We told you last week about a smartphone app that can predict whether a person has Covid-19. Now researchers at the University of Utah are working on an app with a sensor to test for the virus itself. The sensor is about the size of a quarter, needs only a drop of saliva, and takes 60 seconds to test for the coronavirus. If the reusable sensor is successful in clinical trials, its developers say it should cost about 50 to 60 dollars. Work on the app had been underway for some time as a way to test for the Zika virus.
Life is stressful now, but a new study shows that even before the pandemic, life was more stressful than it was 25 years ago. And for middle-aged people, it’s much more stressful. The study in the journal The American Psychologist finds that on average, life in the 2010’s was about two percent more stressful than in the 1990’s—that’s about an additional week of stress per year. But for people age 45 to 64 during each time period, life was 19 percent more stressful in the 2010’s. That’s an extra two months of stressful days each year.
However, there are unfortunately other markers that say stress is taking a big toll on children. A study from Nationwide Children’s Hospital published in the journal Pediatrics shows that emergency room visits for mental health disorders has increased 60 percent in the last 10 years, and visits for deliberate self-harm have risen by 329 percent. The largest jump in emergency room visits was among 15 to 17 year-olds. Substance use disorders rose by more than 150 percent....homeschooled adolescents have significantly lower abdominal strength and endurance than public school kids even though their BMI’s were the same. Researchers speculate that going to school every day with heavy backpacks may be… Click To Tweet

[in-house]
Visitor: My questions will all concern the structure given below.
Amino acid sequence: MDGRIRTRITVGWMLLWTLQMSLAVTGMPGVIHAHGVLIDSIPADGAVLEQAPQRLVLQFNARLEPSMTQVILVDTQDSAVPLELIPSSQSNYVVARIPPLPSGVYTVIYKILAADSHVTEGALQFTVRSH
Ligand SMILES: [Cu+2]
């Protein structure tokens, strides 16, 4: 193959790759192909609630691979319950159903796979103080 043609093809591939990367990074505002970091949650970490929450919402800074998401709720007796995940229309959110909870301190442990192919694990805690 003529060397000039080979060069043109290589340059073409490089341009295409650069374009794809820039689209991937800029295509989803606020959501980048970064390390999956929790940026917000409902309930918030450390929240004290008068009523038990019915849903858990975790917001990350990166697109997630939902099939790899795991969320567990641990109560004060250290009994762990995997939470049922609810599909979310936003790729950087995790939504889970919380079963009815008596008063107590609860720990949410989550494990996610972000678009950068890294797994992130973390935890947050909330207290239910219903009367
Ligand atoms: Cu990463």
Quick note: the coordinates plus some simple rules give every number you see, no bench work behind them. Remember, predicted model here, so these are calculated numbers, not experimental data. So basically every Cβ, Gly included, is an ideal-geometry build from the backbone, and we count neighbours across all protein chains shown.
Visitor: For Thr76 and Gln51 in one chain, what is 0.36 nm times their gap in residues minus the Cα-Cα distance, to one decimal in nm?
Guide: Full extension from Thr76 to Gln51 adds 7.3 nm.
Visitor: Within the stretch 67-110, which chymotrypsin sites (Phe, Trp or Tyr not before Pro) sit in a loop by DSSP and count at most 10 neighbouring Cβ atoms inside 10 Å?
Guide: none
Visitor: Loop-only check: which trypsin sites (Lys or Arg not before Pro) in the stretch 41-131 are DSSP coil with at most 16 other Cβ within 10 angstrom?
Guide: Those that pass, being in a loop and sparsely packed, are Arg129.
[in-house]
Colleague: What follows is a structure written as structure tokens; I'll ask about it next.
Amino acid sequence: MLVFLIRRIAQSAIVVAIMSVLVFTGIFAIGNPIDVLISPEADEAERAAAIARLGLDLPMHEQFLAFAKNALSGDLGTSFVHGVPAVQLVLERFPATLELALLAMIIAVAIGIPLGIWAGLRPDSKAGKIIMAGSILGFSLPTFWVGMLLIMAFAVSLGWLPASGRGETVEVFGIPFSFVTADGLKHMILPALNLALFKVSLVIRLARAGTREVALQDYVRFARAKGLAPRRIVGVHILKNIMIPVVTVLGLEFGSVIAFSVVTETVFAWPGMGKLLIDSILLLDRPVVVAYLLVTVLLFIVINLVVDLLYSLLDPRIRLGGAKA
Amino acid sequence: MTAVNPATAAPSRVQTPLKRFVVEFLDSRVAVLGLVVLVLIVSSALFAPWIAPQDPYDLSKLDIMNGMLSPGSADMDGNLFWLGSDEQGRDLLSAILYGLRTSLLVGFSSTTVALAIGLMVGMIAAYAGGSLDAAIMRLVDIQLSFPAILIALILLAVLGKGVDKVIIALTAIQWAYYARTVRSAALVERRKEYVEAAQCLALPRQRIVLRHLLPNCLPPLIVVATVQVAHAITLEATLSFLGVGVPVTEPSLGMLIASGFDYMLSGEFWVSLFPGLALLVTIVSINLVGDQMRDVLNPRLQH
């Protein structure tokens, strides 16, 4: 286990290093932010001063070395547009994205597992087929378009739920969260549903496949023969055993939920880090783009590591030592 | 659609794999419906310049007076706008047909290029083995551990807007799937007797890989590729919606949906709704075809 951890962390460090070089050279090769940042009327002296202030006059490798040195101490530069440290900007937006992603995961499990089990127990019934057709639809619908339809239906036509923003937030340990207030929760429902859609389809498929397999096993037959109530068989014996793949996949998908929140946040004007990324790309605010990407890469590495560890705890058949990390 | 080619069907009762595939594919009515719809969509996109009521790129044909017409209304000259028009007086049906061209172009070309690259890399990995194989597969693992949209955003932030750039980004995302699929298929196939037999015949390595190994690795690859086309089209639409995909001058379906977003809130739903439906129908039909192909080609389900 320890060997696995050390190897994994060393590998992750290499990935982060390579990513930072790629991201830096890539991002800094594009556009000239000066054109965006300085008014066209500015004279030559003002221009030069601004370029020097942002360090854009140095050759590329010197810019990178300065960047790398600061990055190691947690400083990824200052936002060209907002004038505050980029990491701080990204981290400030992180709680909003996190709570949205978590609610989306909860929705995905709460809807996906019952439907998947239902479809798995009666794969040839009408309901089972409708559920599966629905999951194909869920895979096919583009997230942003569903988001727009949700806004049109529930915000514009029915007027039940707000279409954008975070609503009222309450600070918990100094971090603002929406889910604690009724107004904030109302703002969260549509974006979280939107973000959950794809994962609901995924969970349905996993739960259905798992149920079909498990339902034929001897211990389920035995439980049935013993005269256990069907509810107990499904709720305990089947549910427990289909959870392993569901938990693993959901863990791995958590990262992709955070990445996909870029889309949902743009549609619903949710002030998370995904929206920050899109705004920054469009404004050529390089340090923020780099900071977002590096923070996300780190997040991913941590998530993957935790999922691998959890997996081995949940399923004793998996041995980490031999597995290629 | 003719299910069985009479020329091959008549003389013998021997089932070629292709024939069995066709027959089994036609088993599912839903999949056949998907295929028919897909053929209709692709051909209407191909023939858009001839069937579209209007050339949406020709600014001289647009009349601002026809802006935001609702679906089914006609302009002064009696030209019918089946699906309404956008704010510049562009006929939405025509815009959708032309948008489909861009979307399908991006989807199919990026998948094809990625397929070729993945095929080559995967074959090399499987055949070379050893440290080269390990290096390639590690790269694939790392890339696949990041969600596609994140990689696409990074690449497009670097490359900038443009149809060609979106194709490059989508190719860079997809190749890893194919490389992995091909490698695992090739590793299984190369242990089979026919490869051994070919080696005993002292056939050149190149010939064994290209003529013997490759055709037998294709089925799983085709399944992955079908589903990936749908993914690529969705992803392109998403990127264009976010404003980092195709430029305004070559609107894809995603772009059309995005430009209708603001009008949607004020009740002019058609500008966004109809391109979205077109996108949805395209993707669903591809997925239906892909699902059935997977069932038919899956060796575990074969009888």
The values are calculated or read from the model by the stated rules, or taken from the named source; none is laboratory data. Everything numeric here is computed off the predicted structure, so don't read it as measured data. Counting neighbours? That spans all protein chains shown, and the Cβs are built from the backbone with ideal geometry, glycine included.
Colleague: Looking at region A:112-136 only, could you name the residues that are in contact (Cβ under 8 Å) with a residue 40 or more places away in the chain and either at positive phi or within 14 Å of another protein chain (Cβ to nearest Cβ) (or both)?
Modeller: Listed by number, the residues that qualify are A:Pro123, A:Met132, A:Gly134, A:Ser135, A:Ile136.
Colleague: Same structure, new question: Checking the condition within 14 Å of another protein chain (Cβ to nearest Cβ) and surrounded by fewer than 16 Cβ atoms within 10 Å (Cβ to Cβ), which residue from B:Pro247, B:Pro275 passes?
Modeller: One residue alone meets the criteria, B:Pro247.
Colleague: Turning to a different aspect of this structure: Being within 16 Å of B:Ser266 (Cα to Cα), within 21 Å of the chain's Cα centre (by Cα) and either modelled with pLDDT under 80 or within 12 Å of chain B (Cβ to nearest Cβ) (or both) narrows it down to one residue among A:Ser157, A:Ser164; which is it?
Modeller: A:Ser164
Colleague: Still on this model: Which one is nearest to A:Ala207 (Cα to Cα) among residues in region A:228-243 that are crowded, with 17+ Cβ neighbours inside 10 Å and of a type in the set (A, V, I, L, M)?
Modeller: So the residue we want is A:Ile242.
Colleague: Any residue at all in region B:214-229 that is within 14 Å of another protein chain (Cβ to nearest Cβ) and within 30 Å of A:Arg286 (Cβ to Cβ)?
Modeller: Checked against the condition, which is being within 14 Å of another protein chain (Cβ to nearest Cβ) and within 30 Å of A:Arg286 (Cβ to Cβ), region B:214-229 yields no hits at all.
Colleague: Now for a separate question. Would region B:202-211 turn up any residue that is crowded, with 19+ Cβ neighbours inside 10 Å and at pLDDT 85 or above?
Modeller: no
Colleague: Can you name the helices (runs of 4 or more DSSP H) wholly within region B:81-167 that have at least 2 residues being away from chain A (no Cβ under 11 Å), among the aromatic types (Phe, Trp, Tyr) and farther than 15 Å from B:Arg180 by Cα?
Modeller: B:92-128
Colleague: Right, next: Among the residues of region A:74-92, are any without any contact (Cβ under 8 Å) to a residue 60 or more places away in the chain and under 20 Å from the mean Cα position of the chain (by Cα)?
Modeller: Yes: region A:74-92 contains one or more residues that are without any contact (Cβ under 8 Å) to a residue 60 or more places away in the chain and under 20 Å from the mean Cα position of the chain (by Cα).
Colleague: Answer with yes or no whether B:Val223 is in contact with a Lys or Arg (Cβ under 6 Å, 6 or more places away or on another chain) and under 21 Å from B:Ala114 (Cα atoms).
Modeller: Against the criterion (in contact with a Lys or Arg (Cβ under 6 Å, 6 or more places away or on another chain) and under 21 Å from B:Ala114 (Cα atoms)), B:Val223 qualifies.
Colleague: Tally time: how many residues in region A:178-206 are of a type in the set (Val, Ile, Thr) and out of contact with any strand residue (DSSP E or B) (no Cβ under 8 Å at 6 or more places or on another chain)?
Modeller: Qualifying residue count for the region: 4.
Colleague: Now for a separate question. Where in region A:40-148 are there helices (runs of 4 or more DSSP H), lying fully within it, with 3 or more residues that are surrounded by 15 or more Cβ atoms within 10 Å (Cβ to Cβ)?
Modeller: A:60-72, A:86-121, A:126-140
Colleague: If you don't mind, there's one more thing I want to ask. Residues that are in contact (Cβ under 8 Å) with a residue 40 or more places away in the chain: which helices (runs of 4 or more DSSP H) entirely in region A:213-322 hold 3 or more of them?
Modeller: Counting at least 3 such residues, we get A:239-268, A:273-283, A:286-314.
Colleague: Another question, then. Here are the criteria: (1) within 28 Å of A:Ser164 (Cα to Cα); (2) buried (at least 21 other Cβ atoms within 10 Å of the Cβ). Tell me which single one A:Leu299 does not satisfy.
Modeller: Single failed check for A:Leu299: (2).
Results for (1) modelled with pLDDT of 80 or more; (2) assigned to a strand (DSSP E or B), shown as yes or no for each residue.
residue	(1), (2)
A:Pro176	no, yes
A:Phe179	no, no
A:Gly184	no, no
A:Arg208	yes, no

And finally…with almost all American kids learning at home the last couple of months, it’s appropriate to look at a new study comparing the fitness of homeschooled kids vs. those in public schools. The study, done before the pandemic hit, shows that homeschooled adolescents have significantly lower abdominal strength and endurance than public school kids even though their BMI’s were the same. Researchers speculate that going to school every day with heavy backpacks may be the difference.